For those who follow the Chronicles of Narnia movies, Cathedral Cove just so happens to be the site of the opening scene in the second installment, and it was a perfectly gorgeous day to take in some of the majesty of New Zealand’s landscape. V and I made the long hike down to the cove together. The hike gave us our first chance to really talk and have a really open conversation. For the most part it centered around the highs and lows of our past relationships. It seemed we actually had a lot in common. She is only a year older than me and is the older of two sisters. Both our younger sisters were already married, and as we both approached 40 we wondered whether families of our own were in our futures. Both of us had, whether intentionally or unintentionally, assumed the roles of sons our fathers never had and were very career driven. Coincidentally enough we both had come to crossroads in our careers that brought us culinary school. Also not surprising, we had had similar issues in our relationships. She had also had one very special relationship that ended a few years ago, and had left her with many regrets that took her a long time to get over. I was feeling the same way, so it was good to connect. Once we reached the cove, it was crowded with holiday tourists, and wouldn’t you know it, V met someone else she knew!
From Catherdral cove, we headed over to Hot Water Beach. It is a geothermal beach where the main attraction is being able to dig for hot water under the sand. It turned out not to be a good day for it, because the water was so brackish and by the time we arrived it was high tide. Not to be deterred, I was able to walk along the sand to feel for hot spots. We found one and I was able to dig my feet into the sand and at least experience the geothermal effect, if not the underground pools. On our way back to Pauanui, we stopped by Atomic Coffee. Totally worth the stop, it’s a tranquil little cafe with it’s own gardens and a gift shop with some really beautiful items for sale. I wasn’t hungry, but there were some delicious looking and hearty frittatas in the case. Instead I picked up a cute tote bag and much needed hat. Interesting fact: The hat is made of UV resistant fabric.
When we returned to Pauanui it was early evening, and time to hit the beach for a salt water dip. I was coming to love this daily ritual. The water was still not that warm, so getting in was still kind of a shock, but I was acclimating more quickly. Floating there, letting the waves rock me to and fro, I wasn’t scared or frightened about my future anymore. Somehow, I felt confident that it was going to be whatever I made of it – and that I would find a way to feel safe, secure, and loved again.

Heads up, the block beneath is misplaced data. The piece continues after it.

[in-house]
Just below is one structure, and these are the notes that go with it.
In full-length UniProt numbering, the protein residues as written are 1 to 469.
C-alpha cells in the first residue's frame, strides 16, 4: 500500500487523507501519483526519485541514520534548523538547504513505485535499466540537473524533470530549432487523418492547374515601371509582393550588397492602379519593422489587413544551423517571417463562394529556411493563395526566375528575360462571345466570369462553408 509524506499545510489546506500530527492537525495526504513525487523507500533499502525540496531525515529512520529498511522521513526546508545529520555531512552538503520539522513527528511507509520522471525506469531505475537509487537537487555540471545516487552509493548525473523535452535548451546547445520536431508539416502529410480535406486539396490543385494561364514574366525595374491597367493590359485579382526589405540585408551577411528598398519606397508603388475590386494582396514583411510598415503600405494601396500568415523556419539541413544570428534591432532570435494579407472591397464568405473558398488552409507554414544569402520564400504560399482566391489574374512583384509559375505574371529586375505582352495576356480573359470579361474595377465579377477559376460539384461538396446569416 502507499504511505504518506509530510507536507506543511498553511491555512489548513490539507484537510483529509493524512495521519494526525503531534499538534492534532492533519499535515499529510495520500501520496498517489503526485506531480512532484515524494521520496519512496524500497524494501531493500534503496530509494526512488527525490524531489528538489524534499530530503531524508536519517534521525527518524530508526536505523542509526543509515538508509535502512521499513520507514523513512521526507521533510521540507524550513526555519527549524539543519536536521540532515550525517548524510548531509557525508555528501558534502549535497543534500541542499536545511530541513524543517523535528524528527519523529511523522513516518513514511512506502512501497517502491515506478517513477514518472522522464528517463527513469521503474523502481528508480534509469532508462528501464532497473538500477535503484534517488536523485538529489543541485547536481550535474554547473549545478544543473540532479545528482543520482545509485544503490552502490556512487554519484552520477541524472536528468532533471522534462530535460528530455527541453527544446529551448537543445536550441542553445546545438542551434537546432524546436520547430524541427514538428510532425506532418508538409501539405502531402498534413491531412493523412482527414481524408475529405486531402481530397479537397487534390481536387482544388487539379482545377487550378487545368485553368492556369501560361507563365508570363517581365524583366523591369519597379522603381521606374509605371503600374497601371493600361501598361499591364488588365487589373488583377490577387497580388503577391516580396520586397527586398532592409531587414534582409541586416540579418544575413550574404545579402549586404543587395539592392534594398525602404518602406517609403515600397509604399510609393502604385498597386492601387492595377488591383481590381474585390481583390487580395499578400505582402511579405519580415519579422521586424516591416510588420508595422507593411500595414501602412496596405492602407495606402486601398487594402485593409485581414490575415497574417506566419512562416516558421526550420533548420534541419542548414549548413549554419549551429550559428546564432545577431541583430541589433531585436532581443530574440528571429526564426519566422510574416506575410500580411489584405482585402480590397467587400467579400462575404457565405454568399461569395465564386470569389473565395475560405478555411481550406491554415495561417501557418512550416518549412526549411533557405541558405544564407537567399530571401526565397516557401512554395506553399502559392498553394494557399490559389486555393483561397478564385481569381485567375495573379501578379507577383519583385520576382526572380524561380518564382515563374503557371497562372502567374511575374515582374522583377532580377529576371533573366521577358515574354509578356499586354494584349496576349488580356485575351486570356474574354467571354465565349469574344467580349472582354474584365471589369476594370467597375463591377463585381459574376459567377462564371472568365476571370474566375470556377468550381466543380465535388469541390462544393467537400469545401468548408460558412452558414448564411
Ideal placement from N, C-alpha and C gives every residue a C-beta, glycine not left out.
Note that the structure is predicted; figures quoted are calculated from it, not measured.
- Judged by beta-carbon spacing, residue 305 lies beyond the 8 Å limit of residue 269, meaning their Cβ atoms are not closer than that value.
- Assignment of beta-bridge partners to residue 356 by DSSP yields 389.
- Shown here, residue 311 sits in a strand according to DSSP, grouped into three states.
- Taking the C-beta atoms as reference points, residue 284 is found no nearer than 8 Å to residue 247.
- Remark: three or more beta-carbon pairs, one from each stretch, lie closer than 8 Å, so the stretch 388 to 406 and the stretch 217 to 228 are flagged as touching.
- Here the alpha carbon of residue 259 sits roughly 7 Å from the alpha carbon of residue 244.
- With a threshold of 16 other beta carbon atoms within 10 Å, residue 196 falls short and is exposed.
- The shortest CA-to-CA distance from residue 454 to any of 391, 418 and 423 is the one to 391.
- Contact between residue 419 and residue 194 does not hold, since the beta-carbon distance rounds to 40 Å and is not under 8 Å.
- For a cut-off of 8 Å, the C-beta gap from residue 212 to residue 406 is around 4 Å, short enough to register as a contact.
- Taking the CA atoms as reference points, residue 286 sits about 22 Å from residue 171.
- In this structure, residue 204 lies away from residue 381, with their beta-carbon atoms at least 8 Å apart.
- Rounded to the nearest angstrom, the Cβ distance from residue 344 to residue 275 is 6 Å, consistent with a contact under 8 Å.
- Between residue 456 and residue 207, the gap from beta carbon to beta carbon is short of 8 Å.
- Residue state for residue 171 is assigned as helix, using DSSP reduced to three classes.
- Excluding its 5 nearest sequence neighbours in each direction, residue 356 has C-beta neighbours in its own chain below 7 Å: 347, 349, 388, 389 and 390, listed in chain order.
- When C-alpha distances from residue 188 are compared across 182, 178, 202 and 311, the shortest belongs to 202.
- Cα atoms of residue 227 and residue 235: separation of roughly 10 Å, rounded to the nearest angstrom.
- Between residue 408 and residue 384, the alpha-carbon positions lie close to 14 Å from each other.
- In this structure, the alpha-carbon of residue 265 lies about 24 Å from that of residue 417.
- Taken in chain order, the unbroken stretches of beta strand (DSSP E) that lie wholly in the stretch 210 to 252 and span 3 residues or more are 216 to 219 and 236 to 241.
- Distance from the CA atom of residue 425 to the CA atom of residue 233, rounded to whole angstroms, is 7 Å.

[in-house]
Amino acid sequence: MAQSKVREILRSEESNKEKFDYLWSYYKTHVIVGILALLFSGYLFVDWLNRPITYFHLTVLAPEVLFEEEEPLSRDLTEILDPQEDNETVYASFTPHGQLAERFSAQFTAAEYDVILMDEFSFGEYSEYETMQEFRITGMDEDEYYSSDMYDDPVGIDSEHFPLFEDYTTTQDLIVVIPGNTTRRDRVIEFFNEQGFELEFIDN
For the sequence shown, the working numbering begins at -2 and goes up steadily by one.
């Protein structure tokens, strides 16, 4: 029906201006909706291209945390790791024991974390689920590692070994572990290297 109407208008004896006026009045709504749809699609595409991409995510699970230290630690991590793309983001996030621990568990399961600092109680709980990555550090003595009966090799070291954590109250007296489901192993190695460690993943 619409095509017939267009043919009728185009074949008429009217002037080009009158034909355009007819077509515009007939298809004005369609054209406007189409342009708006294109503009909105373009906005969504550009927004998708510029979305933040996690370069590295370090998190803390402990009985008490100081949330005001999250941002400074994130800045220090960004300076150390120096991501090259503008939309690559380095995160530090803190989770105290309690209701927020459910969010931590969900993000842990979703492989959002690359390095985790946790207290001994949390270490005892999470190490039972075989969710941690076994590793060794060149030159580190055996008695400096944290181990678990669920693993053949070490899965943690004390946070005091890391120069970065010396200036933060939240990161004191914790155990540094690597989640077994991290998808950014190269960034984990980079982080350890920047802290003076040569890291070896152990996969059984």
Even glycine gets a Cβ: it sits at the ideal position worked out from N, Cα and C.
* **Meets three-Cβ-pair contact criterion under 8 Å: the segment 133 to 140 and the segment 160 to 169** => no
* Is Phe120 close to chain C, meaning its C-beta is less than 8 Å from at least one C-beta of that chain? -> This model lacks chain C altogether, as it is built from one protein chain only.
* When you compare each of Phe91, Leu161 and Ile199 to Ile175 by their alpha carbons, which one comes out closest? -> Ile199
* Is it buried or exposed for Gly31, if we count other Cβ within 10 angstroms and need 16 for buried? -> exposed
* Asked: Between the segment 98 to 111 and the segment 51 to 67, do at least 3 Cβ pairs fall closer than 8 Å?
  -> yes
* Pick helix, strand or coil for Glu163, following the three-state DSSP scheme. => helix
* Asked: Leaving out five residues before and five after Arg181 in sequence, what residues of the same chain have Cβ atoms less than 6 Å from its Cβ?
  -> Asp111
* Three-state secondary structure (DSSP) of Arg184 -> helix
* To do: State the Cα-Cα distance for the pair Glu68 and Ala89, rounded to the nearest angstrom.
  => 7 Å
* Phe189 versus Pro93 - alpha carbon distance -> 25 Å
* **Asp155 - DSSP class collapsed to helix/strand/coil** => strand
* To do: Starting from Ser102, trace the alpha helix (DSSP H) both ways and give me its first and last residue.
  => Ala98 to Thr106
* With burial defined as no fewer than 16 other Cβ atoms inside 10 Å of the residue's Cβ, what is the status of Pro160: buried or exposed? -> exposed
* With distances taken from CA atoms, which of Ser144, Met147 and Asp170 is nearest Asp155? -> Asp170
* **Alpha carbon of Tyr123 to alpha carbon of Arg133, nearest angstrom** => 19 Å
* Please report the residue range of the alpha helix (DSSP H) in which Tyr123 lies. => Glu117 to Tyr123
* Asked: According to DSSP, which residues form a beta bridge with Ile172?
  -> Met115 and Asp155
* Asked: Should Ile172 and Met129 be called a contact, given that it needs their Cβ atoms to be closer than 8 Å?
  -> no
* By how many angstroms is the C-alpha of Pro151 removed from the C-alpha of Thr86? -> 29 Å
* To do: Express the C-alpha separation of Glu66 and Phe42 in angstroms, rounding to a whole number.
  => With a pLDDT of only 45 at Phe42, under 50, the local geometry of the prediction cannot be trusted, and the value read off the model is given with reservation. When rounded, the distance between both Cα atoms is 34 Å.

That evening I practically slept through the night, waking up at 6AM instead of 4AM or 5AM. I took some deep breaths to try to get another hour of sleep. Later I got up to get some exercise – step one in taking better care of myself and others. I had some coffee before heading out, and broke into tears a bit, but it was from thinking of how grateful I was that they had taken me in these two weeks. So I took a long walk on the shore and just let myself have a good cry. I still had a lot of regret to let go of in order to forgive myself for part I played in my own misery. I was also having a difficult time letting go of my dream of truly spending a lifetime with someone. My ex and I met in our early twenties and thought we would be together for life. When he left, I pretty much lost all trust in people, and even in myself.
But here in NZ, I was slowly discovering not just the person I was, but the kind of person I wanted to be, and the people I wanted to be with. Something about being with V and S felt right somehow. I was exactly where I supposed to be right now, learning to trust myself and my instincts again. I was suddenly more open, fearless, and shameless, and when I say shameless, I mean not being ashamed of who I was, and no longer afraid to share that with others so that I could have the same deep and genuine relationships S and V seemed to share with everyone around them. I was learning to just let go of trying to control everything and listen more to my gut. It was very exciting and I was anxious to see what I was to learn on the next leg of my journey in Portland. Surely it was no coincidence that out of all the people I have encountered over the years, that these two women, V in New Zealand, and K in Portland were the ones to reach out to me in my time of crisis. I hadn’t known either of them very well, so how was I to know we could connect and that this trip wouldn’t be a total disaster? I didn’t. I just had to take a leap of faith. And in getting to know and connecting with them, I think I was getting to know and re-connecting with me a little bit too.